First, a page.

Daily Routines Of Famous People
Our day creates our life. We mistakenly believe that we will work hard, get lucky and eventually achieve success, not knowing that making each day successful is the key to a successful life.
The daily routines of famous people provide us with key ideas on focusing on what matters, simplicity and decision making.
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The writer, filmmaker and philosopher had specific time zones for work, with no phone calls before noon, and taking the entire Friday to answer letters.
This scheduling routine helps us avoid getting stressed.
The Japanese writer used to wake up at 4:00 am and work for about six hours, then going for a 10 km run or swimming. He used to follow strict discipline and used the technique of mesmerism by conditioning the mind with repeated disciplinary behaviour.
It isn’t easy waking up daily at 4:00 am, so Marukami used his disciplinary behvaiour to go to bed at 9:00 pm sharp.
The British journalist ensures a fitness sports routine for an hour every morning, followed by a beauty routine.
We need to put ourselves first in the morning, rather than being trapped in obligations or the instructions of other people.
The famous Apple Co-founder used to get up and look in the mirror, asking himself this: If today was the last day of my life, would I want to do what I am about to do today? If the answer he got was ‘no’ for too long, it would be clear he needs to change something in his life.
This stoic reminder makes us reevaluate our lives and live each day at its best, leading to a more happy and fulfilled existence.
Getting up at 4:00 am is an exceptional routine to follow, as implemented by one of the founding fathers of the United States.
The early morning focus is unparalleled, and we can make or break the day by seizing the morning and intentionally focusing on what we want to accomplish for the day before it starts.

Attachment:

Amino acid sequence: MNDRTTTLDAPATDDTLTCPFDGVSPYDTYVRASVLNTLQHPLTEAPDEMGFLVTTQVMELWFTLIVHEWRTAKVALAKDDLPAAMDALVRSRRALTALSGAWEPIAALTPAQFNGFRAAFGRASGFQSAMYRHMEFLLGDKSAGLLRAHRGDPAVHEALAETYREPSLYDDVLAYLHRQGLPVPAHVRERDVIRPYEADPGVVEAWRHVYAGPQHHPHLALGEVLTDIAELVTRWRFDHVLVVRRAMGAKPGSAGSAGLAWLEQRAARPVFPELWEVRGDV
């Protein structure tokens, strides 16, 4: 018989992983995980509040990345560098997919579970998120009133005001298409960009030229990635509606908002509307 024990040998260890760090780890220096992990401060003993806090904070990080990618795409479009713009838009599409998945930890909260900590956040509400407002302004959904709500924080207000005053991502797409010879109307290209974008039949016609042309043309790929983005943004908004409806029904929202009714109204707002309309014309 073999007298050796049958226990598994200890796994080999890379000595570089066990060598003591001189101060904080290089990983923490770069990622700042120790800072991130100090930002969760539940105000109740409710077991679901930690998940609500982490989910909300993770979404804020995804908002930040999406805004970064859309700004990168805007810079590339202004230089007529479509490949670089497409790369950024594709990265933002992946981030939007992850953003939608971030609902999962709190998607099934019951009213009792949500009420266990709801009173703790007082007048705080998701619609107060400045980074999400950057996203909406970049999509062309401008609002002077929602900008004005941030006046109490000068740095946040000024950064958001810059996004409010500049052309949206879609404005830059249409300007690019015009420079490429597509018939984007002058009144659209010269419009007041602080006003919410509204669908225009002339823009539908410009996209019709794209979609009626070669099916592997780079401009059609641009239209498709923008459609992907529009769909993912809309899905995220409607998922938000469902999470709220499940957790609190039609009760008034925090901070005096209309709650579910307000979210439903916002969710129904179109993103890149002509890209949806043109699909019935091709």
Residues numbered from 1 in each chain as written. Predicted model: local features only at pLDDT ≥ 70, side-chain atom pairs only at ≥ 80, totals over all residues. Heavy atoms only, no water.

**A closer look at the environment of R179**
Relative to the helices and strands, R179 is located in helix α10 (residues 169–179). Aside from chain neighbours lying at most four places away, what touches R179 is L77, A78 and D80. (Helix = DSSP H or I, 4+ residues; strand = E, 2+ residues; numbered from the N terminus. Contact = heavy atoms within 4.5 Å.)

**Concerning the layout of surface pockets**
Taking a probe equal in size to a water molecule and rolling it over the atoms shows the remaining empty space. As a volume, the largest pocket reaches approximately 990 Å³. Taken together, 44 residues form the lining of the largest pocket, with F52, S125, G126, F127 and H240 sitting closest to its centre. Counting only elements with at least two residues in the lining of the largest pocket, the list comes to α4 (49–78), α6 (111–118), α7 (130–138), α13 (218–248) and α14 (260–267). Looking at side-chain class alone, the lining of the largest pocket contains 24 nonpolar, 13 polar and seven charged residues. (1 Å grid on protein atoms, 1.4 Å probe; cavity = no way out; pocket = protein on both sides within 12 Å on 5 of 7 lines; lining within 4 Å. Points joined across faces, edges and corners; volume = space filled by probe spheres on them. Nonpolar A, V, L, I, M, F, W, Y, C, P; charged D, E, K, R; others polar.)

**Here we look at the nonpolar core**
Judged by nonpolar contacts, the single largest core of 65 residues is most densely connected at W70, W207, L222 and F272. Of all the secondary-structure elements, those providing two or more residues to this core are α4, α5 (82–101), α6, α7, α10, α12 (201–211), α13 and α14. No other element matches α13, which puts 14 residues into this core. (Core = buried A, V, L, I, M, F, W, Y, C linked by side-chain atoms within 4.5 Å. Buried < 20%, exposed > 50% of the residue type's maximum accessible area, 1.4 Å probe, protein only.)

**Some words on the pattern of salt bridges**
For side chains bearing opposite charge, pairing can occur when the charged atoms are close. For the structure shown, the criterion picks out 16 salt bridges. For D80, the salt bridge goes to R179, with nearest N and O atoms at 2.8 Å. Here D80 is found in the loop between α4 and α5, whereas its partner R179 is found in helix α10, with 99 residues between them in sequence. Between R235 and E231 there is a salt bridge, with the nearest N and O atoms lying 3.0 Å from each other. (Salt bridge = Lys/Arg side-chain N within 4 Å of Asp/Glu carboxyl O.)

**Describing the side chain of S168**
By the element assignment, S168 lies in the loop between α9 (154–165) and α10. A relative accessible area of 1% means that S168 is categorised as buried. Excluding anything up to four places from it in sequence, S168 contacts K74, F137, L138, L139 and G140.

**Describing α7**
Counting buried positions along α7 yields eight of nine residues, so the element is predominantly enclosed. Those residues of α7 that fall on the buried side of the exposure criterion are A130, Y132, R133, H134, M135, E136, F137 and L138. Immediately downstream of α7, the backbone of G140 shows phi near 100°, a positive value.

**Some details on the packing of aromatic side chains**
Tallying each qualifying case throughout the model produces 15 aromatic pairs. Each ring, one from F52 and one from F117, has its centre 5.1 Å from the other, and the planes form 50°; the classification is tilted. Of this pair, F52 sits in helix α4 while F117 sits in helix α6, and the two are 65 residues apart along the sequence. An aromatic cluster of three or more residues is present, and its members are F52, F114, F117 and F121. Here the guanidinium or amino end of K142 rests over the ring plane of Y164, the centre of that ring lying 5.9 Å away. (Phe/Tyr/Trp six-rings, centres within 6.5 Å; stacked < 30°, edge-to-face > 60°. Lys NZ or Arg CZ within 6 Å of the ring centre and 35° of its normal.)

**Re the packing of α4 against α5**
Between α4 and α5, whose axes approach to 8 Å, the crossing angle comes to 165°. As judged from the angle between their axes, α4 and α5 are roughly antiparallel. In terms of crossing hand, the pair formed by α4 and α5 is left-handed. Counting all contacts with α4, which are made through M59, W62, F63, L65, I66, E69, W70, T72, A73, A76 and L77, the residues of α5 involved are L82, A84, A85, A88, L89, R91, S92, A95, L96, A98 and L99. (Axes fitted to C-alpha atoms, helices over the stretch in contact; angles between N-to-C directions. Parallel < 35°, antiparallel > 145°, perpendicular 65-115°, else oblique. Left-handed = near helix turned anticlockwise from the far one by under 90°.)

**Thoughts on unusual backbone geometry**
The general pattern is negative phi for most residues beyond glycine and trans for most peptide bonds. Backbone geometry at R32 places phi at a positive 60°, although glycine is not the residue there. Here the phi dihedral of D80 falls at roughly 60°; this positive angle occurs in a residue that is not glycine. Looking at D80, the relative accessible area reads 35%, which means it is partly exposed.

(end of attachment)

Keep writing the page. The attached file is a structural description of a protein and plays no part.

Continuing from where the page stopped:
The writer slept for about three to four hours in the afternoon/evening and then worked on his books till 2:00 am.
He realized that he is more creative at night, and took care of his day job (at an insurance firm) by working about six hours in the day.
The writer/journalist used to write early morning and then stop in the afternoon after reviewing his work, using the downtime from afternoon till night to debate ideas in his head and get ready for the next morning.
The lesson here is that it is important to stop working and letting our mind work on its own.
The entrepreneur only checks his email once in the morning and does not touch it again for 24 hours.
He also never takes any work home. This is a lesson for today's hyper-connected world with endless phone notifications and blurred boundaries of work and home.
The Former Prime Minister stayed in bed until 11:00 a.m., reading newspapers and having breakfast.
He enjoyed his leisure time on a normal work day, with an afternoon nap, plenty of eating and reading books.
The writer used to explore unfamiliar terrien on foot or on the bicycle. Apart from walks, he used to go and see friends, read in cafes, sketch, paint, make notes, and finally write when in the mood.
This diverse range of activities minimized writer’s block.
The writer used to reflect on what she had done during the day during late evenings, before dinner.
This period of incubation makes us a witness, and is a form of meditation, highly crucial for creative professionals.
Early hours are important because they tend to be free of most distractions and give you an opportunity to get focused.
An early start will allow you to squeeze in more time for reflection, breakfast, exercise, and getting a jump-start on communication.
The work of top creatives follows a consistent pattern and routine:
Not everyone consciously crafts their routines to maximize their time. That’s why people are interested in the routines of successful people: we think following the same steps will bring the same results. But blindly following someone else’s routines won’t make us as successful as them.
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